Dad’s mate Graham from the golf club suggested financial trading. Toby didn’t need to go to university, he said. He would make an introduction into a good bank, get Toby started early. His aptitude for figures would stand him in good stead. Graham had been right. Toby grasped it all very quickly, buying and selling Yen, specialising in other Asian countries too, getting the feel for it from day one. The money had rolled in, and in amounts beyond Toby’s wildest dreams. By the time he was twenty-five, he was buying the penthouse in Canary Wharf, and also a weekend place on the Suffolk coast, which he hardly ever used. He paid off his parents’ mortgage, and bought Dad a new Jaguar car too. But there were still no friends, not real ones, anyway. One thing about his job, he might be working with more posh boys, the same family money silver-spoon kids, but cash was king, and if you had it, nobody cared where you had grown up. They included you in all the piss-ups, sex parties, and lavish restaurant meals. Nights out in clubs or casinos, meeting girls with names like Ophelia, and Arabella. But they never invited you to any family stuff, like garden parties or weddings. The line was drawn, somewhere in their minds. The cab pulled up outside his smart address. Toby handed some notes through the gap in the window, and walked inside.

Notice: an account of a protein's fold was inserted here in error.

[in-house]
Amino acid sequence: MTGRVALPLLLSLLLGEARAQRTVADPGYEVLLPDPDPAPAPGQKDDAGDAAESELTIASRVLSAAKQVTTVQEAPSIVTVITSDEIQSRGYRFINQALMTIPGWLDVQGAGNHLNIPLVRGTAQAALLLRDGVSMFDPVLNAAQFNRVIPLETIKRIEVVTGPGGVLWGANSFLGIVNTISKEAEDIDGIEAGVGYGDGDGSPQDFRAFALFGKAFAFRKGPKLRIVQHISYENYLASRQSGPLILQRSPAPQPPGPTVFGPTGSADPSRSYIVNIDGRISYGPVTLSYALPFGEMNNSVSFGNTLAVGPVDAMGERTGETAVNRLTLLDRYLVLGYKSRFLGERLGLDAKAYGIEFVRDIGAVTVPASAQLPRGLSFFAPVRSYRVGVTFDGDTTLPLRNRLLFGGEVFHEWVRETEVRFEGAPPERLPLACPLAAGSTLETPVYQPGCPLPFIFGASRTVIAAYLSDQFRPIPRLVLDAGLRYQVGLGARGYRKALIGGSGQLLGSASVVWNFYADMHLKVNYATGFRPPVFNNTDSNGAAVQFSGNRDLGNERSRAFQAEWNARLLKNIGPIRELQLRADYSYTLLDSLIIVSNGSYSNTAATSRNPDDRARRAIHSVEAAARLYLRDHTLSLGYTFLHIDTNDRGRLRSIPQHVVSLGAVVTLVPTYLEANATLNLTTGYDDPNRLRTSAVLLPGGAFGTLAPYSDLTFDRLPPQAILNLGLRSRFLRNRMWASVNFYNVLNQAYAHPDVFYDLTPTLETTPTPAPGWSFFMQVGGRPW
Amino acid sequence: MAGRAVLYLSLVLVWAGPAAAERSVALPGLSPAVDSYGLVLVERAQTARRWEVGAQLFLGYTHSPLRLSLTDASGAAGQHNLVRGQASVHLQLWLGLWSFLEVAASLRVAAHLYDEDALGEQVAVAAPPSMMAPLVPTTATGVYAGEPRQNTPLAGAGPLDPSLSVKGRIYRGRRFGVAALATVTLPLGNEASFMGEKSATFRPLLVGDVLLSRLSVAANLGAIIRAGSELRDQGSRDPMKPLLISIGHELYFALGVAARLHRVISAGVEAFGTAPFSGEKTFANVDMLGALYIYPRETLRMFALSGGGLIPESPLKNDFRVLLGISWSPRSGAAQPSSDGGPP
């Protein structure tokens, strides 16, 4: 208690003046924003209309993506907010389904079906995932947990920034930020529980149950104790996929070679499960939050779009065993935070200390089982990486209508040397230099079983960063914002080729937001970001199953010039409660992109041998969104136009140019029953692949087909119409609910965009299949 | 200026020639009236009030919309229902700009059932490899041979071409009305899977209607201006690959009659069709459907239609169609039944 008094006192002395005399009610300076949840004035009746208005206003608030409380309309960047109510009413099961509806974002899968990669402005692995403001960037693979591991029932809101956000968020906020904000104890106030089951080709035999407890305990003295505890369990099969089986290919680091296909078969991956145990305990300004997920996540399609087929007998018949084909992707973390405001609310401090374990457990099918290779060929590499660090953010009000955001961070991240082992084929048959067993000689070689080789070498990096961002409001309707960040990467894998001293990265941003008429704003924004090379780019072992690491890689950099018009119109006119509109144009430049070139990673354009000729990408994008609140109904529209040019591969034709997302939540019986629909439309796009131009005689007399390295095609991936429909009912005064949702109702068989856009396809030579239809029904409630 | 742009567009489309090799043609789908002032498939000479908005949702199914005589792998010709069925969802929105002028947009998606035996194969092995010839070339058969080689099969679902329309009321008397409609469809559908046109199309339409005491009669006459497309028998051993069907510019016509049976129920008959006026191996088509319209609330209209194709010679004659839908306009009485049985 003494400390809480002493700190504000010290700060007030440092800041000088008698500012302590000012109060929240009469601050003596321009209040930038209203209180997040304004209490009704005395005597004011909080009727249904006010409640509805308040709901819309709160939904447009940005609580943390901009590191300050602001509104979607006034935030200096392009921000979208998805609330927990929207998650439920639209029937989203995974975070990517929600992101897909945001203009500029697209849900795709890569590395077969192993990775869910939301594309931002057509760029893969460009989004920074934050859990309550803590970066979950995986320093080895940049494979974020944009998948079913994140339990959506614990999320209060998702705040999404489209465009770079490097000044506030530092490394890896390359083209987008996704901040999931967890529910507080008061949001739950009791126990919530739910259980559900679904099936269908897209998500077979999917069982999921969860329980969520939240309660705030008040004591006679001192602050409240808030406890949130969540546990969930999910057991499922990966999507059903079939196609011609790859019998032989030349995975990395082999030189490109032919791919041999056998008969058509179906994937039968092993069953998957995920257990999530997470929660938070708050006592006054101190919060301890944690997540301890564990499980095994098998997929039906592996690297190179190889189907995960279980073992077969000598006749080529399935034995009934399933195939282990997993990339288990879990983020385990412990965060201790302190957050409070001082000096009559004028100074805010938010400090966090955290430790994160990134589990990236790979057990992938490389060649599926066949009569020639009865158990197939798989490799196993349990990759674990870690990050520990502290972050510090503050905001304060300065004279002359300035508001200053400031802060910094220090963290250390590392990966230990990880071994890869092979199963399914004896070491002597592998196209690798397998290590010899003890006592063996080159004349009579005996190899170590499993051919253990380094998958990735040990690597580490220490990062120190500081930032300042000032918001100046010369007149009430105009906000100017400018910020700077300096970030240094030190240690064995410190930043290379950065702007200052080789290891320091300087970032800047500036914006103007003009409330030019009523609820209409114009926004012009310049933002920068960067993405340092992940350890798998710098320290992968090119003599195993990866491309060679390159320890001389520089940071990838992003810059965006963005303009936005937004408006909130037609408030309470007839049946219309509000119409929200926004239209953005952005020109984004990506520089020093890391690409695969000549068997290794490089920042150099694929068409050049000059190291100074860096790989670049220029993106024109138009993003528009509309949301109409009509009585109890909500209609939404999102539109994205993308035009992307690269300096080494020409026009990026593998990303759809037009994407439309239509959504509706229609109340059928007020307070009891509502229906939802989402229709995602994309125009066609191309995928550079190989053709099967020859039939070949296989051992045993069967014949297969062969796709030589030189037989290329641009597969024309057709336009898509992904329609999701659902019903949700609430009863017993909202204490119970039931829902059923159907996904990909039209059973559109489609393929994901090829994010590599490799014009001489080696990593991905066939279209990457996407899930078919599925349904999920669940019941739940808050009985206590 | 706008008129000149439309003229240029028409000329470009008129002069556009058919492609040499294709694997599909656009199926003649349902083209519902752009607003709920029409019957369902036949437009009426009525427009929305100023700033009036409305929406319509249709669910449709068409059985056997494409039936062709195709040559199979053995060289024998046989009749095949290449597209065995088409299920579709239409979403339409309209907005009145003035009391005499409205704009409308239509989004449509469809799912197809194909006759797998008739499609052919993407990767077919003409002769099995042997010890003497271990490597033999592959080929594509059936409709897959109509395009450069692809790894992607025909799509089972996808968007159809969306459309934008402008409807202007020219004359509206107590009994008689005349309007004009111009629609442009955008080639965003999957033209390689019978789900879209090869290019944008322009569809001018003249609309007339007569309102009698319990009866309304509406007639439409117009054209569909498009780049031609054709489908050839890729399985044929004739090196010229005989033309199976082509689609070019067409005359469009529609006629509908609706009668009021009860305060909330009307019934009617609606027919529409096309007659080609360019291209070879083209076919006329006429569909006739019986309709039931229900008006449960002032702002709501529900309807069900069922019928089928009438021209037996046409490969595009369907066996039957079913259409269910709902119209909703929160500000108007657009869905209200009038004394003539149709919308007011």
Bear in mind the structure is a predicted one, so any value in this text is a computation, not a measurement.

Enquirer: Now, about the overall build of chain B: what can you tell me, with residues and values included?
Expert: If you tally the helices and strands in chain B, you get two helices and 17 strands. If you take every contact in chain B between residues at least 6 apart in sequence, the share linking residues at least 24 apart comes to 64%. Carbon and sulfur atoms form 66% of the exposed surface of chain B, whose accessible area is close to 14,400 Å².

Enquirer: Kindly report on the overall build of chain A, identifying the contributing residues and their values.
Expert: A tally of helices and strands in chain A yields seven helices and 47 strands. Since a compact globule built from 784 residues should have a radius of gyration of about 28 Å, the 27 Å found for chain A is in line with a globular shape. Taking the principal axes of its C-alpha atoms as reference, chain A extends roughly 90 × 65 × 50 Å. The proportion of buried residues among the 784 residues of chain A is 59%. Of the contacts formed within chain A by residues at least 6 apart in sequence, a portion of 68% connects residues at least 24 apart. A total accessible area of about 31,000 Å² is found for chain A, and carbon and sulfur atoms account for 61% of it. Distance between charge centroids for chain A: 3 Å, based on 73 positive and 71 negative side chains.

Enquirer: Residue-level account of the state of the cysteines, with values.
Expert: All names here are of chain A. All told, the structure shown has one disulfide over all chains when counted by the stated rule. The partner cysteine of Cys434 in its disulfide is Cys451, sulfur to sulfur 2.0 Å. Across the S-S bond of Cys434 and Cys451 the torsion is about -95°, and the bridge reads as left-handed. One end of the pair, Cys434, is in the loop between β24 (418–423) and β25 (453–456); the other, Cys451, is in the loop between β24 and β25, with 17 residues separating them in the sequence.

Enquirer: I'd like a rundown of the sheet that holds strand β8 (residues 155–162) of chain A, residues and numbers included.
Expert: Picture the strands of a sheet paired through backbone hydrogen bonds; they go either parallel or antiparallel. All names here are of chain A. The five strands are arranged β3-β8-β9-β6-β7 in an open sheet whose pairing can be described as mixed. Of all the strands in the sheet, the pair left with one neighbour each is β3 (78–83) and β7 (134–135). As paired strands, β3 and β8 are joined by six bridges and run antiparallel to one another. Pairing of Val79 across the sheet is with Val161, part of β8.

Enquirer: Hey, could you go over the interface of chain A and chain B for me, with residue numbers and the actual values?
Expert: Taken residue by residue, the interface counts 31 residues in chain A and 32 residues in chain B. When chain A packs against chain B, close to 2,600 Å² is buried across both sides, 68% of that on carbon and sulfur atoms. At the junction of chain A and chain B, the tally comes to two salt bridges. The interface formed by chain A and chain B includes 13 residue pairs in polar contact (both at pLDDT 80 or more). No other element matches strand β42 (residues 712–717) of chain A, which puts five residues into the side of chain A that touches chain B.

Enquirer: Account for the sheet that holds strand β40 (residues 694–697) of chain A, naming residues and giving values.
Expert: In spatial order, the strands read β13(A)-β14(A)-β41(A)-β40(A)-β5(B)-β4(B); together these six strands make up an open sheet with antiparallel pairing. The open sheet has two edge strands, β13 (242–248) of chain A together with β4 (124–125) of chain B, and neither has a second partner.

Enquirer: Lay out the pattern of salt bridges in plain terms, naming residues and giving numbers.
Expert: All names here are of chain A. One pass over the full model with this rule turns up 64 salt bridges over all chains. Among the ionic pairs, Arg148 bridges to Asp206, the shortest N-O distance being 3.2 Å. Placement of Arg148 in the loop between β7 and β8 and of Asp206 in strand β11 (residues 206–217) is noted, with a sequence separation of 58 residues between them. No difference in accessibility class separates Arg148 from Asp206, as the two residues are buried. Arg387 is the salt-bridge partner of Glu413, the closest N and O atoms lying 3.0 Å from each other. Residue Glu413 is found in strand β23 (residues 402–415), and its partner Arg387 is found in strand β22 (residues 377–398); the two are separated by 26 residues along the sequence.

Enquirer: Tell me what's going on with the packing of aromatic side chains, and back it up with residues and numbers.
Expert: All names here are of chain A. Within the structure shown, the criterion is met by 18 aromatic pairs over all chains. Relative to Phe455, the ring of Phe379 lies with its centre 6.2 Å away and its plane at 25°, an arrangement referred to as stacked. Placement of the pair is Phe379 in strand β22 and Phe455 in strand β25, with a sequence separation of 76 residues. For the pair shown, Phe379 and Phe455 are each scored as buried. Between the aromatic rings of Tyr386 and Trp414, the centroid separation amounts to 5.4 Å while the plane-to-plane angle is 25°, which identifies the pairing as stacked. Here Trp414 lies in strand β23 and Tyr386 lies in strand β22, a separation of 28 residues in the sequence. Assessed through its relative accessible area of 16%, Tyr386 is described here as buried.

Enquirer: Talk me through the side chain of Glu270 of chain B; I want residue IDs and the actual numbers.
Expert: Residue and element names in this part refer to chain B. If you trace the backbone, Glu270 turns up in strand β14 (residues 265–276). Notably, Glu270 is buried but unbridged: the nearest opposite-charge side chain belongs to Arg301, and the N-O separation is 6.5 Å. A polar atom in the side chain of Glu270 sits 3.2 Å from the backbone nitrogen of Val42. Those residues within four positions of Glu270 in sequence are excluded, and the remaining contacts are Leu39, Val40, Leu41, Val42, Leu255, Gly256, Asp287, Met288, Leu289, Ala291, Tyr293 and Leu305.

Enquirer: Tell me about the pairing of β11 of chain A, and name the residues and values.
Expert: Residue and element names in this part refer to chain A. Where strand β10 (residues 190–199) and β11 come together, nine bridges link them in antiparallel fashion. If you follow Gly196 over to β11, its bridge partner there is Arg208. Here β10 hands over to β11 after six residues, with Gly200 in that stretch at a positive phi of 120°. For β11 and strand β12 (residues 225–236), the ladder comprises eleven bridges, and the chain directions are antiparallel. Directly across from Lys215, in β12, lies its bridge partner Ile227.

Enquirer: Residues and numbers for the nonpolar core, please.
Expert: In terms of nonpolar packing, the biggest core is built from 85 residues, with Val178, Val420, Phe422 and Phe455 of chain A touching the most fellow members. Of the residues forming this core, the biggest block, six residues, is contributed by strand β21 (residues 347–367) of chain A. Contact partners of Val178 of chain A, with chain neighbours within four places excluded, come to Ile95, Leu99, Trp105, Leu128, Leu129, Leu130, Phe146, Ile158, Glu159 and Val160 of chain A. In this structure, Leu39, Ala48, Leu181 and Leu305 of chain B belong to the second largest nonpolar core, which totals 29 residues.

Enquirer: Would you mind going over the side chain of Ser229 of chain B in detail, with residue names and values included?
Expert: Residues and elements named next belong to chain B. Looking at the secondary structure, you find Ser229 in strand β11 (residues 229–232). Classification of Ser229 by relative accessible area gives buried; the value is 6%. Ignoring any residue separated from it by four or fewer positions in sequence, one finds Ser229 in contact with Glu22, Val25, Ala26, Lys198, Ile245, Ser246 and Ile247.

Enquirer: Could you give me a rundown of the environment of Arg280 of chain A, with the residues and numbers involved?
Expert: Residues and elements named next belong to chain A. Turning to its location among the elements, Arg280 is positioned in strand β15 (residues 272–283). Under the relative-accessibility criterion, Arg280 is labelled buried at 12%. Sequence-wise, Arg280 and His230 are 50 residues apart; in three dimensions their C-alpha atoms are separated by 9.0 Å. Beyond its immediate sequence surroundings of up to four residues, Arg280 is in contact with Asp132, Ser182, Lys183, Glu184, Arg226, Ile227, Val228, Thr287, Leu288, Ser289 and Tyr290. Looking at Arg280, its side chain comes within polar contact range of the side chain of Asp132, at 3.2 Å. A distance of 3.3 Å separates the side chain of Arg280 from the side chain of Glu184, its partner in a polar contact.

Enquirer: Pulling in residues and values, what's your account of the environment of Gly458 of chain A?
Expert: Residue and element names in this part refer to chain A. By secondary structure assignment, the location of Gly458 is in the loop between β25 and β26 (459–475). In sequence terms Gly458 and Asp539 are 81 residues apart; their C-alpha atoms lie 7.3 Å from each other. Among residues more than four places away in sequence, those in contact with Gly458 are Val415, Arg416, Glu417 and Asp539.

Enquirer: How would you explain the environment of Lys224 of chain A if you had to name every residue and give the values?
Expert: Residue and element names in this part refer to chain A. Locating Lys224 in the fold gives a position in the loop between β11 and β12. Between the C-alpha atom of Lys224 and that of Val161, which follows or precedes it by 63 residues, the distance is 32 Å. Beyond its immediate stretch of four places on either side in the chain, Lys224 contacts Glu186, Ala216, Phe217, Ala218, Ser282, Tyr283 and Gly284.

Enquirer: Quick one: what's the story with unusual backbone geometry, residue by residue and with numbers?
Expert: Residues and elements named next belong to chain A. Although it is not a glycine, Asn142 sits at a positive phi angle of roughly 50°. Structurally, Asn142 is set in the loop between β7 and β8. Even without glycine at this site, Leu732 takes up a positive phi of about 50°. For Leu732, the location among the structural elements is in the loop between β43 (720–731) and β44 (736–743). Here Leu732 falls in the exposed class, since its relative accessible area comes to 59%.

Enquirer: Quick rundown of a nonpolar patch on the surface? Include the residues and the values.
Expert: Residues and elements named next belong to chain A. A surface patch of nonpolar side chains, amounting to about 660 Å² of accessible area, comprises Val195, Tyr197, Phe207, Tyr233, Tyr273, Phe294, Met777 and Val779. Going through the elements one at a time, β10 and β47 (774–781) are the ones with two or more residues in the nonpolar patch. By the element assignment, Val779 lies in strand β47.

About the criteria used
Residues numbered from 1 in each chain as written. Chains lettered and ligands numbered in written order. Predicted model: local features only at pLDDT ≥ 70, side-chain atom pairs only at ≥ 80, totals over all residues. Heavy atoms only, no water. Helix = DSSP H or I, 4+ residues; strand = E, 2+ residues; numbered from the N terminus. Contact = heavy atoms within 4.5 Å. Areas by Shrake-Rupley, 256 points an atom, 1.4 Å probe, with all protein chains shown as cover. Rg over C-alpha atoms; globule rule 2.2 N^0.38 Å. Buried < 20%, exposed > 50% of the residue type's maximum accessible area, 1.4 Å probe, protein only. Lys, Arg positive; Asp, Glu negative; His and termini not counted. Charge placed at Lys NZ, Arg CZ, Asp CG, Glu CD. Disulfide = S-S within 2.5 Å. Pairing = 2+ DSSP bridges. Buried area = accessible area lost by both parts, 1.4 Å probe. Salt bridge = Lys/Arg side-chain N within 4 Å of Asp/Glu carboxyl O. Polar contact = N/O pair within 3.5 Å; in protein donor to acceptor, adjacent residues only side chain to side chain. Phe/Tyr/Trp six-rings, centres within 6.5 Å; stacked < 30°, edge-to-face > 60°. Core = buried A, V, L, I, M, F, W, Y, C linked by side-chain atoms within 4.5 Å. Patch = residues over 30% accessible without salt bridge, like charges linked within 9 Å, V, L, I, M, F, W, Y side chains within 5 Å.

Candy had to wear the same clothes after her bath, but she knew Brian had a key to Mum’s place here somewhere. He was snoring loudly on the sofa, the vodka three-quarters gone. She found two keys in a dish in the kitchen, and tried them in the door. One worked, but the other silvery one wouldn’t go in the lock, so she guessed it was for Mum’s door, though it wasn’t familiar to her. She put both the keys in the pocket of the red coat, and sat back in the chair to think, hardly able to do so over the spluttering roar of her uncle’s snores. In that area, Candy only knew one dealer who would buy that much coke at a fair price, Maurice. Not that she had ever met him, but she knew his face, and where she might find him hanging out. The problem was how to approach him, and not get ripped off in the process. She decided to get some sleep for a couple of hours, then go and look up Tyrone later. He knew Maurice, and would tell her how to play it.

Nigel and Oliver probably wouldn’t be there until later, but Toby wasn’t too surprised to find Tamsin waiting in the lobby already. He had sent her a text that he was leaving early, and she had replied instantly. “See you there, Tobester”. She took his arm as they walked to the lift, and as they watched the floor numbers on the counter showing its descent, she murmured in his ear. “Good call, Toby love. I am really looking forward to this”.

To be continued…

24 thoughts on “Street Life (Part 10)

    1. Thanks, Pam. The continuity is the biggest headache. I write the episodes quickly, but have to have at least two of the previous ones open to read too, in order to keep check of times and places. πŸ™‚
      Best wishes, Pete.

      Liked by 1 person